For a survey of earlier relations between Senegal and The Gambia see, inter alia, A. Hughes, ‘Senegambia revisited, or changing Gambian perceptions of integration with Senegal’ in R.C. Bridges (ed.), Senegambia (University of Aberdeen, 1974), pp. 139–70; and J.C. Senghor, ‘Politics and the functional strategy to international integration: Gambia in Senegambian integration’ (Unpublished PhD, Yale University, 1979).
H.J. Van Mook et al, Report on the Alternatives for Association between The Gambia and Senegal (Bathurst: Government Printer, 1964).
For details see The Senegalo-Gambian Permanent Secretariat: Historical Background (Banjul: Archives/Documentation Centre, Senegalo-Gambian Permanent Secretariat, (? 1982).
For general accounts of Senegal’s foreign policy, see W.E.A. Skurnik, The Foreign Policy of Senegal (Evanston, Illinois: Northwestern University Press, 1972); S. Gellar, Senegal: an African Nation between Islam and the West (London; Gower 1983), pp. 67–85; and R. Mortimer ‘From Federation to Francophonia: Senghor’s African Policy’ African Studies Review XV, 2 (Sept. 1972) 283–306.
Hughes, op. cit., 151; Africa Contemporary Record XVIII, 1985–86 (New York: Africana Publishing Company, 1987) B 151. SOTIBA (Textile Corporation) claimed it lost 10 billion francs CFA a year alone.
President Abdou Diouf, Confederation Day Address, 1 February 1988; Pierre Diouf (Secretary-General, Senegambia Executive) ‘Regional Cooperation at Work’, The Courier no. 107, Jan.–Feb. 1988, 43–4.
Africa Contemporary Record XVII, 1984–85, B 448 and B 450–1; Wal Fadjri no. 25, 12–26 avril 1985 ‘Dakar sacrifices its ambassador on the altar of the Treaty.’
K.M. Bayo ‘Mass orientation and regional integration: environmental variations in Gambian orientations towards Senegambia’ (unpublished PhD thesis, Northwestern University, 1977) Table V, 1, 162; and I.B. Omole, ‘De la coopération à la confédération: la Sénégambie: Contribution à l’analyse du thème d l’intégration politique régionale en Afrique’ (Thèse de doctorat de 3me cycle, Université de Bordeaux, 1986) 245–50. Bayo, interviewing in 1975–6, found that only 13.3 per cent of Gambians favoured political integration (union) with Senegal. Omole’s smaller sample, ten years later, revealed continued strong resistance to union with Senegal: 89 per cent of his sample wanted confederation to ‘continue slowly’. Both writers observed that opposition to political ties with Senegal remained strongest in the Banjul area.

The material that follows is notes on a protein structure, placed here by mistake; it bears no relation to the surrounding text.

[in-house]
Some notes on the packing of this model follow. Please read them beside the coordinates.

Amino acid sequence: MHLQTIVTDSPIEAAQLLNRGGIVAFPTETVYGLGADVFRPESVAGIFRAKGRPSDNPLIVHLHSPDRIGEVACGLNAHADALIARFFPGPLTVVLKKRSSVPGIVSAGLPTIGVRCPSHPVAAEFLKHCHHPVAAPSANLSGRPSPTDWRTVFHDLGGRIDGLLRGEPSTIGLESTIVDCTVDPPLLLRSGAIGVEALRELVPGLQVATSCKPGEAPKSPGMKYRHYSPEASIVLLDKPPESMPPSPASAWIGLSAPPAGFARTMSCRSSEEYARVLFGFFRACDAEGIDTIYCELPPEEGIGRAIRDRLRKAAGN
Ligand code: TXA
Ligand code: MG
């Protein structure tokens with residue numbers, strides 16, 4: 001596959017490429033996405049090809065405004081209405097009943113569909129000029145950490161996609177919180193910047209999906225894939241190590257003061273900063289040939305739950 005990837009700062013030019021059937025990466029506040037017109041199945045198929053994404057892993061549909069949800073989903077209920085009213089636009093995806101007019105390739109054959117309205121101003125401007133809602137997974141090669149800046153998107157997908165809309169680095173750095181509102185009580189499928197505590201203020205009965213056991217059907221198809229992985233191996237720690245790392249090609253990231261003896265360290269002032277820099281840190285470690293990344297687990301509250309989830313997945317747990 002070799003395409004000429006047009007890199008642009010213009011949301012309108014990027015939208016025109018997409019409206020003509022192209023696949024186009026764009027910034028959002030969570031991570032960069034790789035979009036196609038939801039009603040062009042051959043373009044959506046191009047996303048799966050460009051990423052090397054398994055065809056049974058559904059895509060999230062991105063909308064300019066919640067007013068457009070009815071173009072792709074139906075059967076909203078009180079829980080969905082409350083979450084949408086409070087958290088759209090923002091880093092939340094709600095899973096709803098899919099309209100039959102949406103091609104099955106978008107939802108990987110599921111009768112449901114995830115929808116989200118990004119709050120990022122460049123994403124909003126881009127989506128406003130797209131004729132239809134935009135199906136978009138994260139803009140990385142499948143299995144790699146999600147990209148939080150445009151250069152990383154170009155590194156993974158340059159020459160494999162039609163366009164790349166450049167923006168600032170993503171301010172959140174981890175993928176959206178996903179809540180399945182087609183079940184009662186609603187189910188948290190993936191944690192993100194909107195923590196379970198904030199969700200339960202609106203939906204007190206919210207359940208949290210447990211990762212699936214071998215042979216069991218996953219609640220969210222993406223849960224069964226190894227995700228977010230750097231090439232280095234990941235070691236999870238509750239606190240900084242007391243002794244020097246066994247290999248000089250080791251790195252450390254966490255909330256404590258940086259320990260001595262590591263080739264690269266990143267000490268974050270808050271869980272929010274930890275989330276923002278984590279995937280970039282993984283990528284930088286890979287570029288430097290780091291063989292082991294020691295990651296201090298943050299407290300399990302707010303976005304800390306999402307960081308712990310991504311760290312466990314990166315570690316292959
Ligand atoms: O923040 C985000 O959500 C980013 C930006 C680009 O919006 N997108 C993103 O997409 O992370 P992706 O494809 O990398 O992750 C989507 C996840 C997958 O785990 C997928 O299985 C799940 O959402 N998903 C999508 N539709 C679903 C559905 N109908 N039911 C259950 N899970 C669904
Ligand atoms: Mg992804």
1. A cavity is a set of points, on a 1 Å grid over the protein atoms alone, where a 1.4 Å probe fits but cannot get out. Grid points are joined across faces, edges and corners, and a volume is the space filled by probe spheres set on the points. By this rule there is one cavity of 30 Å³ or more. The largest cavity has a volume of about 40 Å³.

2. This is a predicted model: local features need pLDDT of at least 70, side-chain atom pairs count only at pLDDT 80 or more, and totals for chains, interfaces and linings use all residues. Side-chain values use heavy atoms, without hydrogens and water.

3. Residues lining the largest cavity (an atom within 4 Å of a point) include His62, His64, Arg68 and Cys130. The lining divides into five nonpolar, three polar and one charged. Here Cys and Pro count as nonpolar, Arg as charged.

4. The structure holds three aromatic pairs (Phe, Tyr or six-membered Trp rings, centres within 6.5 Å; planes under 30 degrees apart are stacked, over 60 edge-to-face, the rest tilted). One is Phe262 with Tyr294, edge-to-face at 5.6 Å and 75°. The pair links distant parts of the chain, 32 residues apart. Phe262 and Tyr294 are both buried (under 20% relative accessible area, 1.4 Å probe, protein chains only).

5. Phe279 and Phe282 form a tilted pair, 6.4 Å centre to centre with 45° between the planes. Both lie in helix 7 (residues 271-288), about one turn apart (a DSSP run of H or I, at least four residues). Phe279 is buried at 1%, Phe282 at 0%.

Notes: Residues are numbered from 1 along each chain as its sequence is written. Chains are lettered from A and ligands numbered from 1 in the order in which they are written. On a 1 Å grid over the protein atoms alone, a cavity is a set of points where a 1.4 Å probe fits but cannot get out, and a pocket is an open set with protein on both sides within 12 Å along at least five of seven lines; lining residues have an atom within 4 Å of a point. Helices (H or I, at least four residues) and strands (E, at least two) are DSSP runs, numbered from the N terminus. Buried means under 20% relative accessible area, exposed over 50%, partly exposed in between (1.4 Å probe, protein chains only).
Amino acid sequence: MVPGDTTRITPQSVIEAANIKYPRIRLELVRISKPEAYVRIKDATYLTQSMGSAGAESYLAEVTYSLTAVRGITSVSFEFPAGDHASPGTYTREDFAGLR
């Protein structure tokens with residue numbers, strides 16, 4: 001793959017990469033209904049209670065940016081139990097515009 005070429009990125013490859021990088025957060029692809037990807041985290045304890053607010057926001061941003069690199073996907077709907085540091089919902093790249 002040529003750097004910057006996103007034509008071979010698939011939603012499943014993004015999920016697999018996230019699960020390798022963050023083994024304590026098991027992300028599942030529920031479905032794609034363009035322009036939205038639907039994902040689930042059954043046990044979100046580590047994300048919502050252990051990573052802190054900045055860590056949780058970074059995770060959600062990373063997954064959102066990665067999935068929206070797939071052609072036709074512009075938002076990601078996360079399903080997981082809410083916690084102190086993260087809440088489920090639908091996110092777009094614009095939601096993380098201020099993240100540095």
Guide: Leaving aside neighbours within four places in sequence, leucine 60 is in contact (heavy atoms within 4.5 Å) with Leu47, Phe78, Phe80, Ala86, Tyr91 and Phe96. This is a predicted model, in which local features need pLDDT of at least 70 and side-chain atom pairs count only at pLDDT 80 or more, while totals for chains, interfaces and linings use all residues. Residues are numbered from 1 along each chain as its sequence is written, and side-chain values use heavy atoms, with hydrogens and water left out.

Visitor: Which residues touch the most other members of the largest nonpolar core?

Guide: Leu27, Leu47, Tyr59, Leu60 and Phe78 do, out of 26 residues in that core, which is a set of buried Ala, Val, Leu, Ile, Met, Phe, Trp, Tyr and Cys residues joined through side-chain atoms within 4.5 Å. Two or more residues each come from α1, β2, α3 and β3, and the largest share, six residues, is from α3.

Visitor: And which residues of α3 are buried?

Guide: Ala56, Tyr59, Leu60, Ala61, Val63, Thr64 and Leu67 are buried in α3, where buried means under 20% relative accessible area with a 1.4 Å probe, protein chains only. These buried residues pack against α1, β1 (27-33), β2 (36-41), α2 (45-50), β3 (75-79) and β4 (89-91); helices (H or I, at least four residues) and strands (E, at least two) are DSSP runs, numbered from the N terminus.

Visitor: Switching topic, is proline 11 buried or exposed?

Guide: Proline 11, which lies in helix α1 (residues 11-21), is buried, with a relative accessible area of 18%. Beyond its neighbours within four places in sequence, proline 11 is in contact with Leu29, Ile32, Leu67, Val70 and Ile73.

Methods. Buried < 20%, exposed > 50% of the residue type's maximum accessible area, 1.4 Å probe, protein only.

Bayo, op. cit., 174, and F.E. M’Bai ‘Problems of Integration in Senegambia (1961–1973)’ (unpublished undergraduate dissertation, Department of Politics, University of Keele, 1974), p. 69.
P. Robson, Integration, Development and Equity (London: Allen & Unwin, 1983), chapter 7.
Ousman Manjang in West Africa, 3 and 10 November 1986; S. Hakilimah in West Africa, 18 January 1988.
In 1984 West Africa as a whole accounted for only 6 per cent of Senegal’s external trade — Africa South of the Sahara 1988 (London: Europa Publications, 1988), p. 837.
Cf. I.V. Grunh, Regionalism Reconsidered; the Economic Commission for Africa (Boulder, Colo.: Westview Press, 1979) chapter 2; Senghor, op. cit., chapter 8.
Africa Contemporary Record 1984–85, op. cit., B 582–3; West Africa, 25 April 1988.
Africa Contemporary Record XVI, 1983–84, B 565.
U. Hicks, Federalism: Failure and Success (London: Macmillan, 1978) 11, 32; T. Franck, Why Federations Fail (New York University Press, 1968) 23; B. Neuberger ‘Federalism and political integration in Africa.’ in D.J. Elazar (ed.), Federalism and Political Integration (Turtledove Publishing, Ramat Gass [Israel], 1977), pp. 171–90; C. Leys and P. Robson (eds) Federalism in East Africa (Oxford University Press, 1965) 184; and W.J. Foltz From French West Africa to The Mali Federation (New Haven and London: Yale University Press, 1965), chapter 11.
K.C. Wheare, Federal Government (Oxford University Press, 1953), p. 184.
Cited in Bayo, op. cit., 62.
Interview with President Jawara, West Africa, 12–18 February 1990.